Sarthak Brahma
Sarthak Brahma

When it comes to innovation and speed, a huge gap exists between where IT leaders want their organizations to be, and what is actually possible given available resources and practical constraints. Legacy-centric IT shops are often dragged down by technical debt and inefficient processes that can result in up to 80% of the budget being used to maintain status quo. The cost on “run”-oriented activities needs to be reduced, so that more investment can be made available to fund digital programs.

To enable the leap across the digital transformation chasm to become a modern digital business, IT leaders need a new paradigm.

Finding that new paradigm starts with a 360-degree view of cost optimization, which combines the benefits of a comprehensive assessment and holistic benchmarking. Using this two-stage process, traditionally competing agendas become complementary: IT leaders can both optimize operations today and fund the innovations that will transform their organizations in the future.

Within this framework, even small-scale cost optimization projects can make a significant impact. On average, advisory-led engagements result in cost savings potential of at least 15%. And it gets better: evaluating and optimizing “as-is” IT operations before comparing against benchmarking data can move the needle to 30%. And finally, by incorporating digitalization—this is where machine learning and automation workflows come into play—as much as 50% improvement is possible.

Net impact and savings opportunities will vary depending on factors like the maturity of the organization, the number and age of assets, the strategic importance of the issues, and speed to implementation. However, a true IT cost optimization evaluates both the cost of work (think labor costs, fair market rates and discounts) as well as the drivers of work, which include factors such as process efficiency, redundant IT from M&As, and productivity metrics related to employees and technology.

Here’s how it works:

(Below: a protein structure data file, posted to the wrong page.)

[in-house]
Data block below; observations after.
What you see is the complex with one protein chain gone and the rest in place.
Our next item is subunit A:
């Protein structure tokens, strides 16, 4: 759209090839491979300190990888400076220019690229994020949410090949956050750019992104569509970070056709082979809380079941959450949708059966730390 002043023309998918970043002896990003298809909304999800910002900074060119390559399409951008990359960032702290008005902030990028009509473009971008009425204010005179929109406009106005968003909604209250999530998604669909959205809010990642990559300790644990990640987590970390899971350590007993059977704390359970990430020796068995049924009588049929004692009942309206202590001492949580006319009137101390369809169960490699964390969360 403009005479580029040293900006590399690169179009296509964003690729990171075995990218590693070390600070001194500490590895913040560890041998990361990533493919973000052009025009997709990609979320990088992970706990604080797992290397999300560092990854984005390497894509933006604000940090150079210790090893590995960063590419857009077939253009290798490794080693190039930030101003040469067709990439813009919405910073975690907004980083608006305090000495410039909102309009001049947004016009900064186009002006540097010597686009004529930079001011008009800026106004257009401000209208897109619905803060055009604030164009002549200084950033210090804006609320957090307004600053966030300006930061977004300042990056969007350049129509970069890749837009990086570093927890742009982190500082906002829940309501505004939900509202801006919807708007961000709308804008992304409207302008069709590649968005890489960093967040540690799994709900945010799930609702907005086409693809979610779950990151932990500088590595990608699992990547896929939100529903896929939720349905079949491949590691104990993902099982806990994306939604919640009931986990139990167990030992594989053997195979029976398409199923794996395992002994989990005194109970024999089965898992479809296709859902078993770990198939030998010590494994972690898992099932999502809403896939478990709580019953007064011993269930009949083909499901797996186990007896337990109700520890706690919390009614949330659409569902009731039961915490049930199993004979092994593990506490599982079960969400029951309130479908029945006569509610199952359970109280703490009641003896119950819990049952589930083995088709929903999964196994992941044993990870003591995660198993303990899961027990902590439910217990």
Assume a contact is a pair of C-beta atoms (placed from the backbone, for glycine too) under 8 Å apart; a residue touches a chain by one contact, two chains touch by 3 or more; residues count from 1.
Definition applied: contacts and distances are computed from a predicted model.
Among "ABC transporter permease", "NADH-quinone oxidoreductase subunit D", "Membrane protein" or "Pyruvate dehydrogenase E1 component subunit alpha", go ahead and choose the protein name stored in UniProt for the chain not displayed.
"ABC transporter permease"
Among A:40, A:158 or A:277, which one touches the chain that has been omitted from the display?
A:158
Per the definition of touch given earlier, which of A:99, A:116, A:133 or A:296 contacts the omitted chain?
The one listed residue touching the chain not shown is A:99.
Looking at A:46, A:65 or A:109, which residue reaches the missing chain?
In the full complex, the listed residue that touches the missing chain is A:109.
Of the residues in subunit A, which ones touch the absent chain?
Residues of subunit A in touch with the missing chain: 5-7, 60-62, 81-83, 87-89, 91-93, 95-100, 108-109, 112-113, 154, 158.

Stage 1: “As-is” assessment

A comprehensive assessment reveals where benchmarking will make the most impact. So much can be done to smooth out your existing operations and processes before you start comparing yourself with competitors. Only after you’ve established a true understanding of where your organization is can you work toward being best-in-class. Review assets, operations, and workforce skills. Take a look at technical debt and infrastructure. Understand your organization’s nuances, tendencies, and the specifics of your current environment to reveal the scope of actions you need to take to achieve your optimization goals.

Stage 2: Holistic benchmarking

The assessment overlaps with the holistic benchmarking process. Once you’ve cleaned up your standard operating procedures, you can begin mapping best-practice KPIs to them. This is also where you calibrate metrics, pricing, performance, effort ratios, productivity, staffing structure, and even contractual tenets. Establish a baseline, and from that optimized state, benchmark against the industry and draw up a short list of technologies that are likely to get you to the next level of savings.

To sum up, it would be almost impossible for IT leaders to drive true transformation in the enterprise if IT operations and costs are not first optimized. And without taking a 360-degree approach, any efforts to reduce costs and improve efficiency are bound to fall short of its full potential. IT leaders must optimize today to transform tomorrow.

Make IT cost optimization work for you

The skills and technology markets are changing fast. If you’re not benchmarking regularly, you’re leaving money on the table.

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Sarthak Brahma
Vice President, Growth

Sarthak is a seasoned executive and advisor who excels at helping clients transform service delivery. Sarthak specializes in optimizing ITO and BPO models, with specific expertise in IT infrastructure and applications, and finance and accounting (F&A). Sarthak’s expertise spans a variety of industries including manufacturing, consumer products, telecommunications, financial services, and banking.

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